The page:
Father John Misty, also known as Josh Tillman, has been quiet as he released his newest LP God’s Favorite Customer into the world. This isn’t the path he’s taken before, but this time the music does all the talking. And boy, does it talk.
Late last year, Tillman told Uncut that his newest album was “written in a six-week period where I was kind of on the straights…” and that it’s a “heartache” album. God’s Favorite Customer is less than half the length of his 2017 LP Pure Comedy but the details are still there, Tillman’s verbose nature still intact. The lines swing around each other, growling and swooning. And his usual commentary on society has been swapped out for the personal, and his acid tongue is now turned inward.
The first single “Mr. Tillman” details a life lived alone in a hotel. “Is there someone we can call? / Perhaps you shouldn’t drink alone.” Its accompanying music video is dark and trippy, where Tillman is a part of and witness to his own death, a short plummet off the hotel roof onto the taxi he’s a passenger in and driving.
“I don’t want to talk about what happened,” he told Uncut and he hasn’t since. But the lyrics on “Just Dumb Enough To Try” is where he’s sharing his story, a story of holding onto something that’s probably already gone: “But I'm just dumb enough to try / To keep you in my life / For a little while longer / And I'm insane enough to think / I'm gonna get out with my skin / And start my life again.” Tillman moans these lines elongating the chills they give you. I belt out the lyrics with him, nearly starting to cry. But there’s more happening here: “You can take what I know about love / and drown it in the sink.”
All those songs he wrote when he found and fell in love with his wife, his sophomore LP I Love You, Honeybear (2015) is a wonderful collection of falling. But it’s a satire of love: holding hands, making love, sharing drugs, buying a house and settling down because—GASP—love can be real! To hear that record is to fall in love alongside Tillman (and with him). But now it feels like a beginning with an end in place. Tracks from I Love You, Honeybear like “The Ideal Husband,” “I Went To The Store One Day” (where the chance encounter happened), and the title track are now a love that’s fallen apart.
The narrative of his album arc has changed.
Listen to the inflection of his tone on “Date Night.” He’s pissed off and clearly spending a lot of time alone: “I didn’t get invited / but I know where to go.” The banging on the piano here is reminiscent of The Stooges’ classic “I Wanna Be Your Dog.” The energy is all over the place.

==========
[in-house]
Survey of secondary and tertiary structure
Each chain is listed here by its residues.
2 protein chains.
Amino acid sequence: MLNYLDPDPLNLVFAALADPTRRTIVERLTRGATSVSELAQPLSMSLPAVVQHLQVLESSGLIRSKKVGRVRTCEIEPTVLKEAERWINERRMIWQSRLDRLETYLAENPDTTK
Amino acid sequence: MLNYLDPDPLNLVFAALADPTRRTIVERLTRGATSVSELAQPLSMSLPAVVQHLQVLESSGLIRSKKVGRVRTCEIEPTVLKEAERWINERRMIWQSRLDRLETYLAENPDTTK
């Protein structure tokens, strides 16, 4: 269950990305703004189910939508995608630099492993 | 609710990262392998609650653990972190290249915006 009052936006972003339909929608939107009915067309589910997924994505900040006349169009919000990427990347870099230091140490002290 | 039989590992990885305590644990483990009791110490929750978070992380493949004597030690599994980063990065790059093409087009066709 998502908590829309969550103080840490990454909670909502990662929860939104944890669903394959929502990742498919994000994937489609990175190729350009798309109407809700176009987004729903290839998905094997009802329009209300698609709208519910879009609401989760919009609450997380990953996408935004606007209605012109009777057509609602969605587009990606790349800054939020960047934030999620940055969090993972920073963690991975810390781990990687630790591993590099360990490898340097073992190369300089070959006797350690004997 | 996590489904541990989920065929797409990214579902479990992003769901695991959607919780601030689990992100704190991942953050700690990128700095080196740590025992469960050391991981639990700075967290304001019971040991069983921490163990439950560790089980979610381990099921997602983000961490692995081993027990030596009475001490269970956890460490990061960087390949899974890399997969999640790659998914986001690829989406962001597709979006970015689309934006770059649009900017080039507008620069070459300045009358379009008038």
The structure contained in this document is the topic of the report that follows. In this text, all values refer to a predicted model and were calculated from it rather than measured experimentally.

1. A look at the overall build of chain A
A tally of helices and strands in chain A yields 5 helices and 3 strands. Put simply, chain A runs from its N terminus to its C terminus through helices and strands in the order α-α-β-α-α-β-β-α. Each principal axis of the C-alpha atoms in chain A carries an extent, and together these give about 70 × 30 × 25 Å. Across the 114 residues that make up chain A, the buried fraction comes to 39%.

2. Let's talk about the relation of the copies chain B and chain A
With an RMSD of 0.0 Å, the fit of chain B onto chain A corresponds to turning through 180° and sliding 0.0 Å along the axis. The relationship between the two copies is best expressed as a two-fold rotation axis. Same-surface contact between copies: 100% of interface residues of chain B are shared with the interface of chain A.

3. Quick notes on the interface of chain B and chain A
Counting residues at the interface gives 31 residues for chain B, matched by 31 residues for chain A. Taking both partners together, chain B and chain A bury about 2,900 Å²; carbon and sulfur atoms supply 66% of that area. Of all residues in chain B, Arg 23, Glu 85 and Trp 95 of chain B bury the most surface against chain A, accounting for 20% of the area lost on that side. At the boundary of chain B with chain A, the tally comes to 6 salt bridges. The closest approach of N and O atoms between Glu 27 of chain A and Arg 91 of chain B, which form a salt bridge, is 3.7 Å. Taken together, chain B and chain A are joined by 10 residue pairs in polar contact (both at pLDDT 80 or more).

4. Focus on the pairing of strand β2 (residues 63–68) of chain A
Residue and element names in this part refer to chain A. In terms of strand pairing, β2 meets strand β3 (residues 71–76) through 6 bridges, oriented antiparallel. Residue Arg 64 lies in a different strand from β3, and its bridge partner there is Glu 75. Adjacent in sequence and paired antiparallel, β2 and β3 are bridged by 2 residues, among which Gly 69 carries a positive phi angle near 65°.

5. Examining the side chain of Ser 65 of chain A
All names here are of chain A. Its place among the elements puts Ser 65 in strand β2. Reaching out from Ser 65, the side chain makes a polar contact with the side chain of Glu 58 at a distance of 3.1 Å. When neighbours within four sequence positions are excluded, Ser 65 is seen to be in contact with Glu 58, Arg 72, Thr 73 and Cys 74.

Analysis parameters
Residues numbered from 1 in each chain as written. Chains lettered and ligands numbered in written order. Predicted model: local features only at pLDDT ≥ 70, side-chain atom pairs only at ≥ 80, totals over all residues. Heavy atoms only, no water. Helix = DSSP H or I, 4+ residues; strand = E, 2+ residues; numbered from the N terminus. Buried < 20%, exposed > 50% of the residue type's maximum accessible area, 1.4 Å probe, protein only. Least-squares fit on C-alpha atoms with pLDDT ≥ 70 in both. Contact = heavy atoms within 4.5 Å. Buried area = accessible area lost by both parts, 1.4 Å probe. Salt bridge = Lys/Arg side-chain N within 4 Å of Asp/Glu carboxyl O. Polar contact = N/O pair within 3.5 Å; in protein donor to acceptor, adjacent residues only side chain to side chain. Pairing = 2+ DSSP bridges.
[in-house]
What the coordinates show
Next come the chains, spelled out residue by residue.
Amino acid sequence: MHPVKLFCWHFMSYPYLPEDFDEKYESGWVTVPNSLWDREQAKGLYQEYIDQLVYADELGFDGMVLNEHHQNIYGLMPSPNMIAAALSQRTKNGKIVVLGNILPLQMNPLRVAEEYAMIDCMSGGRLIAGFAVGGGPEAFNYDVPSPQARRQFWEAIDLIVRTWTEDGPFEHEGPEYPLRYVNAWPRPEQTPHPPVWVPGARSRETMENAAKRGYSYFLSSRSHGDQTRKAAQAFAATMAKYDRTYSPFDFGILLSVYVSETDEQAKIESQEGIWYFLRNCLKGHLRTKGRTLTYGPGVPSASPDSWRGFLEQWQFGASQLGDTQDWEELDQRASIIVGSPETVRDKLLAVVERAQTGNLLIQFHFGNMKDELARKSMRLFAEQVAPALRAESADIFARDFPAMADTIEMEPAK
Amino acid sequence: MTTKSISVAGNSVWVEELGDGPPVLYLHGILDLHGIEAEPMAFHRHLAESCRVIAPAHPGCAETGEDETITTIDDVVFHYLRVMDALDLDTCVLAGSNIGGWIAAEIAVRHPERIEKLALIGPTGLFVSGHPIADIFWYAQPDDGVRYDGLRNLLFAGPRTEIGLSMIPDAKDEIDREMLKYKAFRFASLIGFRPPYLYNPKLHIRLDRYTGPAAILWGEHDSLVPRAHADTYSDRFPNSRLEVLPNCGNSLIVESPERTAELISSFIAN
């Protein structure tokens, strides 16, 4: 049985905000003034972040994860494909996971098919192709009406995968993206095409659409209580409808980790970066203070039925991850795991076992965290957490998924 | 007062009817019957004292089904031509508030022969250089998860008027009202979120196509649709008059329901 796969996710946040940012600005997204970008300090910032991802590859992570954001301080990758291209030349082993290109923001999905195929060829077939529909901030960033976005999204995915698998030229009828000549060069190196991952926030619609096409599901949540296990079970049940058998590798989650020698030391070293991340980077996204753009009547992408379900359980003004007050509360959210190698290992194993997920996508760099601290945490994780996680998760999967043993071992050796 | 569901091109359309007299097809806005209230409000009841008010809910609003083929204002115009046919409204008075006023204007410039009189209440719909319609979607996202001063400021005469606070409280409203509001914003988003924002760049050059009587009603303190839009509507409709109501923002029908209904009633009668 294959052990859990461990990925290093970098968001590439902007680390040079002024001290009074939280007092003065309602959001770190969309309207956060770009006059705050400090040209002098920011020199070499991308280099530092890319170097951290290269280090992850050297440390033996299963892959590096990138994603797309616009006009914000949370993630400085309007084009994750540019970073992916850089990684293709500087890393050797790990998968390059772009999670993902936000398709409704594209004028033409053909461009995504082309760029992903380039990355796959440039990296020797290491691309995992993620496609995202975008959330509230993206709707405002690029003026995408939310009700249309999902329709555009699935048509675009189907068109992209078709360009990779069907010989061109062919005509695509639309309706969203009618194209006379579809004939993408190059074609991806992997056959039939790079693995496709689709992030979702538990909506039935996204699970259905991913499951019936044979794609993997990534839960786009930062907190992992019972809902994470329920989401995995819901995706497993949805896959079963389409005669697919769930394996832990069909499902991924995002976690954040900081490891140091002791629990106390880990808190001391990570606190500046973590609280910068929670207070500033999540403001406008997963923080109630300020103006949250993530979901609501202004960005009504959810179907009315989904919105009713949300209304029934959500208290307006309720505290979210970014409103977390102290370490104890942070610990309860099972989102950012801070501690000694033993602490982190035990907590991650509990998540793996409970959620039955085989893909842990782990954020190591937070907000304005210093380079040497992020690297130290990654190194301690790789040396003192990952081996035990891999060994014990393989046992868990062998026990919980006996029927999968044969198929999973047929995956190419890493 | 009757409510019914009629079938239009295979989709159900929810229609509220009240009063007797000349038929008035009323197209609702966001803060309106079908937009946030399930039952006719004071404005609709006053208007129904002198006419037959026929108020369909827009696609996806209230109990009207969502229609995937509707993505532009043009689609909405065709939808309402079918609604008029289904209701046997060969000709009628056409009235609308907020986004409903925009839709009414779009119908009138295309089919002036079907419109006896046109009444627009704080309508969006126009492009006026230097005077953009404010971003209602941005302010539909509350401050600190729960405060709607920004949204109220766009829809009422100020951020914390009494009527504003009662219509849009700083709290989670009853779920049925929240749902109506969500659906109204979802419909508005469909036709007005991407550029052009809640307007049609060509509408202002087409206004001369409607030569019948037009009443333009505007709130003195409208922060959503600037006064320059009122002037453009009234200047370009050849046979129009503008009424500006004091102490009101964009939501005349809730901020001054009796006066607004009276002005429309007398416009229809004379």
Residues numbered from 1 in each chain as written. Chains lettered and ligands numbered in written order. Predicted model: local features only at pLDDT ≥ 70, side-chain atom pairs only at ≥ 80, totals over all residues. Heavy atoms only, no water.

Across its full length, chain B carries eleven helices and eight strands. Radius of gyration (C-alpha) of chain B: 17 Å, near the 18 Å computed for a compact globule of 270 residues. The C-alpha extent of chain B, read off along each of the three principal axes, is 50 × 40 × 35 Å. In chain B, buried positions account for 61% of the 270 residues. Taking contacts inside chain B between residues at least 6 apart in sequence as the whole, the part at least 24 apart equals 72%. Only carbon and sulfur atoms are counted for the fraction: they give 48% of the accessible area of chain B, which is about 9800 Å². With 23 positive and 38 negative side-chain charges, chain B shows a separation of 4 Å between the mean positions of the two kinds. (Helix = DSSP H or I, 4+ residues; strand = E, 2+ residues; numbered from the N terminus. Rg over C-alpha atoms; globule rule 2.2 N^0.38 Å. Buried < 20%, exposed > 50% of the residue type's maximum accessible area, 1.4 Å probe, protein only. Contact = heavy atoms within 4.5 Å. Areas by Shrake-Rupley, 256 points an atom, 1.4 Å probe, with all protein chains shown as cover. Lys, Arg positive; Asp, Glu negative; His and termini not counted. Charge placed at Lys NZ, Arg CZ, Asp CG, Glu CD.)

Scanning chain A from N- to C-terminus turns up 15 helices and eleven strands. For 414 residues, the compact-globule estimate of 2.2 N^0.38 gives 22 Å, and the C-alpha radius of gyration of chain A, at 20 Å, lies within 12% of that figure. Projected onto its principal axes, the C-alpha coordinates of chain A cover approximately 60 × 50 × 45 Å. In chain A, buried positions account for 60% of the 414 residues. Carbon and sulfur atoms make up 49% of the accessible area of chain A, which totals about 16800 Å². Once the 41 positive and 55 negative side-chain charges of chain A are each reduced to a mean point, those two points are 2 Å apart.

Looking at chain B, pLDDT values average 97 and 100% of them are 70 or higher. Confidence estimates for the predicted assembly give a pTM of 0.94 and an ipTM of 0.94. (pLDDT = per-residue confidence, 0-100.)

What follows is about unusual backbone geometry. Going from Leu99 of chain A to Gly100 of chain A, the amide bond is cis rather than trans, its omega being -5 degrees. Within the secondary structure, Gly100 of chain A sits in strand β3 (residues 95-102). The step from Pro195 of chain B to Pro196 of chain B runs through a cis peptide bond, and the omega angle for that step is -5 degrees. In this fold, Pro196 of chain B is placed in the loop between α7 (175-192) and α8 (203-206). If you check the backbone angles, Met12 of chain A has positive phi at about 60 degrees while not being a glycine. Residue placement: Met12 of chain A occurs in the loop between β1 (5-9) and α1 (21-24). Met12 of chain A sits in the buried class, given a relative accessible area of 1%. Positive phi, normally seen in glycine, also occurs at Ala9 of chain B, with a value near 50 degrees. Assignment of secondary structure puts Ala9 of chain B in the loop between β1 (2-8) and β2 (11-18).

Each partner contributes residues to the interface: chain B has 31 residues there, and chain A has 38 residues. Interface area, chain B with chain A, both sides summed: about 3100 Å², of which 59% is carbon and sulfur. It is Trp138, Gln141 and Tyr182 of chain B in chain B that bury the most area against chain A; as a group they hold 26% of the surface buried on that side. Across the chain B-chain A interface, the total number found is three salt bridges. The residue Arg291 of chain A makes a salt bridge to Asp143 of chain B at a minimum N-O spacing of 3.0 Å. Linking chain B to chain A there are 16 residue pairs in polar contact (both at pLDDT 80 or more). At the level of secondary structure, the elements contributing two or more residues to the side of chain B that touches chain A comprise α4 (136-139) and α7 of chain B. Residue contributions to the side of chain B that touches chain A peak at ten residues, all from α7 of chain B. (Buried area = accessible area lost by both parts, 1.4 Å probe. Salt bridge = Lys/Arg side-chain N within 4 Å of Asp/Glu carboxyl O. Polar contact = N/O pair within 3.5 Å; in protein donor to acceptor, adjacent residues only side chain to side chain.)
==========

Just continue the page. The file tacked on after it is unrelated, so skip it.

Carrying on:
He slows down to full speed sadness on “The Palace” and really melts into a puddle, singing: “I text your iPhone / I said I think I’m ready to come home / I’m in over my head.” The song is slow and churning, the piano doing a lot of the feeling as he caresses the keys. The sound of subtle rain is in the background as he sings the closing line over and over, “I’m over my head.”
In another single, “Disappointing Diamonds Are The Rarest Of Them All,” the phrases are long but the stanzas short. The length of these tracks are in their musicianship: textured layers, many timbres, and plunging instrumental passages leaving just enough room for swaying alone in your kitchen, on the subway, or alone in the car. And you’re most definitely alone. To listen to this album with others feels almost like a betrayal to the story.
The title of the record itself feels cheesy, like a clickbait headline. But you’ll change your mind. There’s a female voice in the latter half of the backing chorus and it sounds like an echo of his mind, or of his wife’s, as he sings “speak to me / sweet angel / don’t you remember me?”
The tracks are so tidy and to the point, detailing what Tillman is going through in the darkest, loneliest of his emotions. He is a raw ball of nerves on “The Songwriter.” It almost sounds as if these lyrics are coming from another person, close to Tillman, who wants no running commentary, who wants to be left alone: “What would it sound like if you were the songwriter / And you did your living around me? / Would you undress me repeatedly in public / To show how very noble and naked you can be?”
As a critic and a fan, it’s all here: “Don't forget / I'm the only fan of yours who has the sense to ever leave you be.”
The face value, for me, comes in the end of the Claymation music video for “Please Don’t Die.” A female figure rescues Tillman as the dead try to pull him into his own grave. “You’re all that I have,” he repeats, “so please don’t die / wherever you are tonight.” Does she save him in real life? How do I swallow the lyric “our love will never die” on “Disappointing Diamonds,” if that’s the case?
All of this is pure speculation about his marriage, which is of course none of anyone’s business. But at the same time we’ve been invited in here, so it’s hard not to juggle the emotions with Tillman. He is one of the few people I’m aware of who can name his feelings as he’s aware of them. It’s not an easy task and his ability to do so relaxes me and makes me feel less alone. Even if he’s unsure, he’s unafraid of his demons as he’s steady.
The self-restraint outside of the songs is a nice change of pace. But we’ll literally have to wait and see what happens next, and hope that he’s still willing to share.
Notable Tracks: “Date Night” | “Disappointing Diamonds Are The Rarest of Them All” | “Just Dumb Enough To Try” | “The Palace”